Tag Archives: science fiction

fate of perfection breene

Book Review: Fate of Perfection, by K.F. Breene

I borrowed a copy of K.F. Breene‘s Fate of Perfection through Amazon Prime Reading.

fate of perfection kf breene

In a corporate-controlled future where the ruling conglomerates genetically engineer their employees, Millicent Foster is the best of the best.

Physically perfect and exceptionally intelligent, Millicent is granted the uncommon privilege of breeding. But her daughter inherits more than superior genetics…little Marie has a rare ability that the world has never seen, and her conglomerate, Moxidone, will stop at nothing to have sole possession of the child.

Teamed with Ryker, the formidable master of security, Millicent must risk everything in a life-and-death struggle to tear her daughter away from the ruling force who wants to own them all. The odds are stacked against them, but Moxidone will learn that the pursuit of perfection comes at a perilous cost—and that love can’t be bought at any price.

my review

I enjoyed this. It’s pulpy sci-fi romance, so no one would call it great literature. But I still enjoyed it, even as I see flaws in it.

Ryker was an alpha a-hole, which I didn’t appreciate. But he also decided to protect ‘his family’ and went about doing just that, which I did appreciate. I also liked that for a lot of the book he, Millicent, and Marie are a family by virtue of a baby between them. That means they are a family unit because they decided so, not because of any romantic connection or a legally binding marriage, etc (that comes later and is a super weak—though not insignificant—part of the plot-line). Ryker and Millicent are two adults who decide to function as a pair because they have a child to protect. It ticked a lot of emotional boxes for me.

Trent’s sarcasm cracked me up and, though not all of Ryker and Millicent’s banter was a bullseye for me, I generally thought it amusing. The science was super hand-wavey, but the book didn’t really need much more. All in all, a winner. I’ll happily read another.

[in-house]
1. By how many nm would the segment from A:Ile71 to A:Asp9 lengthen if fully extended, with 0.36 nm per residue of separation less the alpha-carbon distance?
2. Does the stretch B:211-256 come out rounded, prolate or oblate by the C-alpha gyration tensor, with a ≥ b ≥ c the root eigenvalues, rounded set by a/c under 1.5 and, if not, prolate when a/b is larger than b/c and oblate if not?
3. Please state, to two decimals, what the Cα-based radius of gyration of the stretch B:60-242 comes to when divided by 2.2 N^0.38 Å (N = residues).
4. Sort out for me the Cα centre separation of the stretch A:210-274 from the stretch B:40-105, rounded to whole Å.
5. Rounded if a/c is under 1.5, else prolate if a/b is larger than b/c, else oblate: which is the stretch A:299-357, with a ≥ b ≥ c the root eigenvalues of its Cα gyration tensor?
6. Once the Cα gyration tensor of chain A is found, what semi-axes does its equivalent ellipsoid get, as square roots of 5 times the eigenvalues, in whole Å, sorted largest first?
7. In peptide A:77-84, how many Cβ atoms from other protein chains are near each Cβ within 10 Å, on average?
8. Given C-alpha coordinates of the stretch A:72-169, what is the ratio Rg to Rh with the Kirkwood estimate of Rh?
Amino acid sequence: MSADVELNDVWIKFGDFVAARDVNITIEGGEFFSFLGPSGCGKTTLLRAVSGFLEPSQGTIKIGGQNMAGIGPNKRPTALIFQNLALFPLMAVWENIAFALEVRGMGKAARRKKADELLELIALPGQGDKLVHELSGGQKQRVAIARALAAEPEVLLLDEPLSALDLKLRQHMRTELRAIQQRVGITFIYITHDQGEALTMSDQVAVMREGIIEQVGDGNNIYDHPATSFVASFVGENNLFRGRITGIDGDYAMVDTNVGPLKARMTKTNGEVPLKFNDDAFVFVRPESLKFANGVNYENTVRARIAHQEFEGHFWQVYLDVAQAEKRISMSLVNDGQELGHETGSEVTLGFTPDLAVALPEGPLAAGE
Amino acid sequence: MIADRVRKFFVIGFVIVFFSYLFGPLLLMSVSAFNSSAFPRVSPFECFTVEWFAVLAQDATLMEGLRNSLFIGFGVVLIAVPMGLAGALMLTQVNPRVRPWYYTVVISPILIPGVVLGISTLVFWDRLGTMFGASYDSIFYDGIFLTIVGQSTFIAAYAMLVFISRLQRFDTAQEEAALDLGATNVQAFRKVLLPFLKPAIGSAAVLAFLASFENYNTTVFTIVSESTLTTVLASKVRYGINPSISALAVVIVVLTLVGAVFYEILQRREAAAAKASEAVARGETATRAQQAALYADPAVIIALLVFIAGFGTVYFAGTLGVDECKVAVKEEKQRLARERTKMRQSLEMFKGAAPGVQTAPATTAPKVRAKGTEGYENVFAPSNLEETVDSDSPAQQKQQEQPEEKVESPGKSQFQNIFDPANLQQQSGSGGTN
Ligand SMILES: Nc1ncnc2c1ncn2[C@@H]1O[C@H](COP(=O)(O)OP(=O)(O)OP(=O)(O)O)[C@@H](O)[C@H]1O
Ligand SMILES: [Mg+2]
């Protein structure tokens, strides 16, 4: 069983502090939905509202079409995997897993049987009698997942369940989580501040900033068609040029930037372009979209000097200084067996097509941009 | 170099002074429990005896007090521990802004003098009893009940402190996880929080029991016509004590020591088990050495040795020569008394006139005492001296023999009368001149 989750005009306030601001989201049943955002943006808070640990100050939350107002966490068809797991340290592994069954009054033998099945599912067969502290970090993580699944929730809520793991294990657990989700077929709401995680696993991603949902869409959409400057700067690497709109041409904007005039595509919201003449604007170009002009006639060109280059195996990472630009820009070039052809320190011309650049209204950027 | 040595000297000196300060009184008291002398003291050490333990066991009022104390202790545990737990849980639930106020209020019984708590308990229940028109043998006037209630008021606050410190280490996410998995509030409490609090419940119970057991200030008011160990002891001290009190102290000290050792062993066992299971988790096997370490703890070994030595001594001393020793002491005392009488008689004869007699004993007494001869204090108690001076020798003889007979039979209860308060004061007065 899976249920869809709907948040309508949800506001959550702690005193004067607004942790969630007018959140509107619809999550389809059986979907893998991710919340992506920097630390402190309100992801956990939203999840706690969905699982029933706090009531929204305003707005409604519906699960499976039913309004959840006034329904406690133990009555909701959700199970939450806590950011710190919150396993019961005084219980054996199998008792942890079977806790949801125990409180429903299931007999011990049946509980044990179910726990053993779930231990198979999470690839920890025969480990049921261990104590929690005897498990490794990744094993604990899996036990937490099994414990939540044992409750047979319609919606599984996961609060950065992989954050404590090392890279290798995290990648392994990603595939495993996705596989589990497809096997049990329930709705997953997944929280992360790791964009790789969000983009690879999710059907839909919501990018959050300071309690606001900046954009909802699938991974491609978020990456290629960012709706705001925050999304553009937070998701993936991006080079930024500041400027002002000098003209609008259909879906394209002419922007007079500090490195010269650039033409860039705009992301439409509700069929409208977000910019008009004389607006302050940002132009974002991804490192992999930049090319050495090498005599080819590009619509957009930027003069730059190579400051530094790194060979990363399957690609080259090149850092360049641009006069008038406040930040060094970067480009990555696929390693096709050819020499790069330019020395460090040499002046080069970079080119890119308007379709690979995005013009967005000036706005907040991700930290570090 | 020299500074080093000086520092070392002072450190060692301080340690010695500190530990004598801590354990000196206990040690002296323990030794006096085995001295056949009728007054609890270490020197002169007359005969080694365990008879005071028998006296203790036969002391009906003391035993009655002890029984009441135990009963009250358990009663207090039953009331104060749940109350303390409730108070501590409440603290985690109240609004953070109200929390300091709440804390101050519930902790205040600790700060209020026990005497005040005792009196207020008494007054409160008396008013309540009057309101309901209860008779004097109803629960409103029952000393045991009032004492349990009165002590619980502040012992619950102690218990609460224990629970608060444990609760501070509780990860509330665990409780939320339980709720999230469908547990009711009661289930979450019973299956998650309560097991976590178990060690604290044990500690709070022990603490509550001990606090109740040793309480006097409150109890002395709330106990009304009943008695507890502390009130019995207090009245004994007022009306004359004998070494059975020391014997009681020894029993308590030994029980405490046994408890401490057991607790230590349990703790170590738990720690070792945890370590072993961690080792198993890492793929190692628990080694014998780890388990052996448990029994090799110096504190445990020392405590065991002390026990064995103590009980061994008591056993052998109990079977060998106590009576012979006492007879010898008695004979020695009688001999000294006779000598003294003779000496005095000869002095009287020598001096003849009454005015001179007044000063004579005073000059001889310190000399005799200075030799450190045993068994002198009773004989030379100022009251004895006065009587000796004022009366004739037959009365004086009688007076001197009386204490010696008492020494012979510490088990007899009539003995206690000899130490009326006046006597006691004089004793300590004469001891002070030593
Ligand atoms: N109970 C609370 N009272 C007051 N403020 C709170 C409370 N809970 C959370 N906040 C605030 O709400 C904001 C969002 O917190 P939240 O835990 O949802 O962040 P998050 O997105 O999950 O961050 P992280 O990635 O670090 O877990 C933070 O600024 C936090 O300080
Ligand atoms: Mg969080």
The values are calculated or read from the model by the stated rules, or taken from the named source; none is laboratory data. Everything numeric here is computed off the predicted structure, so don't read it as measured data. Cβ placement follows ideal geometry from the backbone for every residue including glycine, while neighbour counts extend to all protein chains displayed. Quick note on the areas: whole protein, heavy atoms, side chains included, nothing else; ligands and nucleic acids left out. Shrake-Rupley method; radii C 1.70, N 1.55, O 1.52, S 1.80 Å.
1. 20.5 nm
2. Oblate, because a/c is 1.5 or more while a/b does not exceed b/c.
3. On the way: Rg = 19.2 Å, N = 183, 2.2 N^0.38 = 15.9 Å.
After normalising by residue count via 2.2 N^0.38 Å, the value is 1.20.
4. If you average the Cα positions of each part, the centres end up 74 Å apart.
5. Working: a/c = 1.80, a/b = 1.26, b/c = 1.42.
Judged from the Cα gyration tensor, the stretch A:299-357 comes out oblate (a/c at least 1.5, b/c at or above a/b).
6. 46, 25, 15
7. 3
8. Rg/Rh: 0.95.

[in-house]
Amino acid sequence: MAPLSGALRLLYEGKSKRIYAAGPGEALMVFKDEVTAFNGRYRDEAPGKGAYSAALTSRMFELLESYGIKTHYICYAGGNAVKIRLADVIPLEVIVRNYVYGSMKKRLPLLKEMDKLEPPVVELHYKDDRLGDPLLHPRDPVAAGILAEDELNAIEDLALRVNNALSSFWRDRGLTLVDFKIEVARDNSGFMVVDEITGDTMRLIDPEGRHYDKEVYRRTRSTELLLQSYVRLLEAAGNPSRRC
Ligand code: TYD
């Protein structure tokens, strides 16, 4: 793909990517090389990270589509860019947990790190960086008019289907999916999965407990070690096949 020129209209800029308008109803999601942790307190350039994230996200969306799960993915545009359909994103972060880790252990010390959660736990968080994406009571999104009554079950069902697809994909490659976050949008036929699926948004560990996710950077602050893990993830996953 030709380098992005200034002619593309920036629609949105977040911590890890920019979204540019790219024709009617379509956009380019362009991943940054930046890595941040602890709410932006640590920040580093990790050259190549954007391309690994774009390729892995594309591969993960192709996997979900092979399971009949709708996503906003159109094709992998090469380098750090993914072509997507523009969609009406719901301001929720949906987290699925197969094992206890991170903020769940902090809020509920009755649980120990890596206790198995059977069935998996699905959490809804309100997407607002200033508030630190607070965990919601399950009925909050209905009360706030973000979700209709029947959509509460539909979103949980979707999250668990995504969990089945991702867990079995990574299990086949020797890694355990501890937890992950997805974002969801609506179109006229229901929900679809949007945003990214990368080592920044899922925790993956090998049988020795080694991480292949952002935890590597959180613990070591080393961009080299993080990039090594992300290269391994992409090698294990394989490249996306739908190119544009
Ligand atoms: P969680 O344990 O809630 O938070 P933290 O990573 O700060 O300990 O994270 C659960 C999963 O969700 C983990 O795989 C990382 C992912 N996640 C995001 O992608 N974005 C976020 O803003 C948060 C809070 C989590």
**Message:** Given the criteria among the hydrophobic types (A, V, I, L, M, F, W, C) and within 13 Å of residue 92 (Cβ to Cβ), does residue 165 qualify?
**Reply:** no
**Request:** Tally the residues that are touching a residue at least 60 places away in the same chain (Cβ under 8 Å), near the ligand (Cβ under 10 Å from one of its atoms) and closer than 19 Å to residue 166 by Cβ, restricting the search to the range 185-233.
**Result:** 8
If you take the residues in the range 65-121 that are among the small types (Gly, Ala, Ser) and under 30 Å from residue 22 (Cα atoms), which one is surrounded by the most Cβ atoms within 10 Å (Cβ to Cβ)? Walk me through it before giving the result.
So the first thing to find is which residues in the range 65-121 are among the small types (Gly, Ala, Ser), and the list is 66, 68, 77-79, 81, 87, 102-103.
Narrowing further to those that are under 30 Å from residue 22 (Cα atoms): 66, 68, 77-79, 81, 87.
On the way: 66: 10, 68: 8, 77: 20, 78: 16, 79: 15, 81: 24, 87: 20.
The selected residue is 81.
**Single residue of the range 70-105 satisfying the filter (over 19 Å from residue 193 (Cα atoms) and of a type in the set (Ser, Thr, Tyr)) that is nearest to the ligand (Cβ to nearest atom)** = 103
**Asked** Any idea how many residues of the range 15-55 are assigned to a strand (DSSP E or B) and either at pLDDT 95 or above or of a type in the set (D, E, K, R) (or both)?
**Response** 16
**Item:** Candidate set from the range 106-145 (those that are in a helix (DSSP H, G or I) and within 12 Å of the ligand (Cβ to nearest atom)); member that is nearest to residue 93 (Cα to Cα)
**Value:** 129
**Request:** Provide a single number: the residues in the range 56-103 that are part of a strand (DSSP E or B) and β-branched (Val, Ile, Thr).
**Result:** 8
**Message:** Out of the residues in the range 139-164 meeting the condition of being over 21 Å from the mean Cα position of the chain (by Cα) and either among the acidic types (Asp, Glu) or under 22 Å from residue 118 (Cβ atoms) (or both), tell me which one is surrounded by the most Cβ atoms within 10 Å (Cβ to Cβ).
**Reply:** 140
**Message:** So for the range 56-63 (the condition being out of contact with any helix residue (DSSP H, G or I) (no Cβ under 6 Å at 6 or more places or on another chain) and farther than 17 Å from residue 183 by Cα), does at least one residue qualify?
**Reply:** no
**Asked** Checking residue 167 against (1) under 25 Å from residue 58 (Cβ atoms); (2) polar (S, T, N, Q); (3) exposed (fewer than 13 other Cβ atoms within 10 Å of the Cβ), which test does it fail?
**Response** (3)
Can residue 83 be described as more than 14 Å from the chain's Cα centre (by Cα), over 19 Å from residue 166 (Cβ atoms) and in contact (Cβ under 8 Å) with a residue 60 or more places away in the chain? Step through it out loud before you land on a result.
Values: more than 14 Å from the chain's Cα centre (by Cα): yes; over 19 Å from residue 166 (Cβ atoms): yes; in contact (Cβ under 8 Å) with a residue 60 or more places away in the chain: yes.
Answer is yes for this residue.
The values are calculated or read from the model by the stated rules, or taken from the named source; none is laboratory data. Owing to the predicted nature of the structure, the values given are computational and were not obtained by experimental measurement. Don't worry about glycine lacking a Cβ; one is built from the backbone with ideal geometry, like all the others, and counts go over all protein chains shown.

fate of perfection photo


Other Reviews:

Review – Fate of Perfection

Fate of Perfection (Finding Paradise #1) By: K.F. Breene

Book Review: The Sky People, by S.M. Stirling

Several years ago, I picked a used copy of S.M. Stirling‘s The Sky People. Well, more accurately, I picked up a copy of the sequel, In the Courts of The Crimson Kings without realizing it was a second book and then went back, found, and bought The Sky People. I finally got around to starting the series.

the sky people stirling

Marc has been assigned to Jamestown, the US-Commonwealth base on Venus, near the great Venusian city of Kartahown. Set in a countryside swarming with sabertooths and dinosaurs, Jamestown is home to a small band of American and allied scientist-adventurers.

But there are flies in this ointment – and not only the Venusian dragonflies, with their yard-wide wings. The biologists studying Venus’s life are puzzled by the way it not only resembles that on Earth, but is virtually identical to it. The EastBloc has its own base at Cosmograd, in the highlands to the south, and relations are frosty. And attractive young geologist Cynthia Whitlock seems impervious to Marc’s Cajun charm.

Meanwhile, at the western end of the continent, Teesa of the Cloud Mountain People leads her tribe in a conflict with the Neanderthal-like beastmen who have seized her folk’s sacred caves. Then an EastBloc shuttle crashes nearby, and the beastmen acquire new knowledge… and AK47’s.

Jamestown sends its long-range blimp to rescue the downed EastBloc cosmonauts, little suspecting that the answer to the jungle planet’s mysteries may lie there, among tribal conflicts and traces of a power that made Earth’s vaunted science seem as primitive as the tribesfolk’s blowguns. As if that weren’t enough, there’s an enemy agent on board the airship…

my review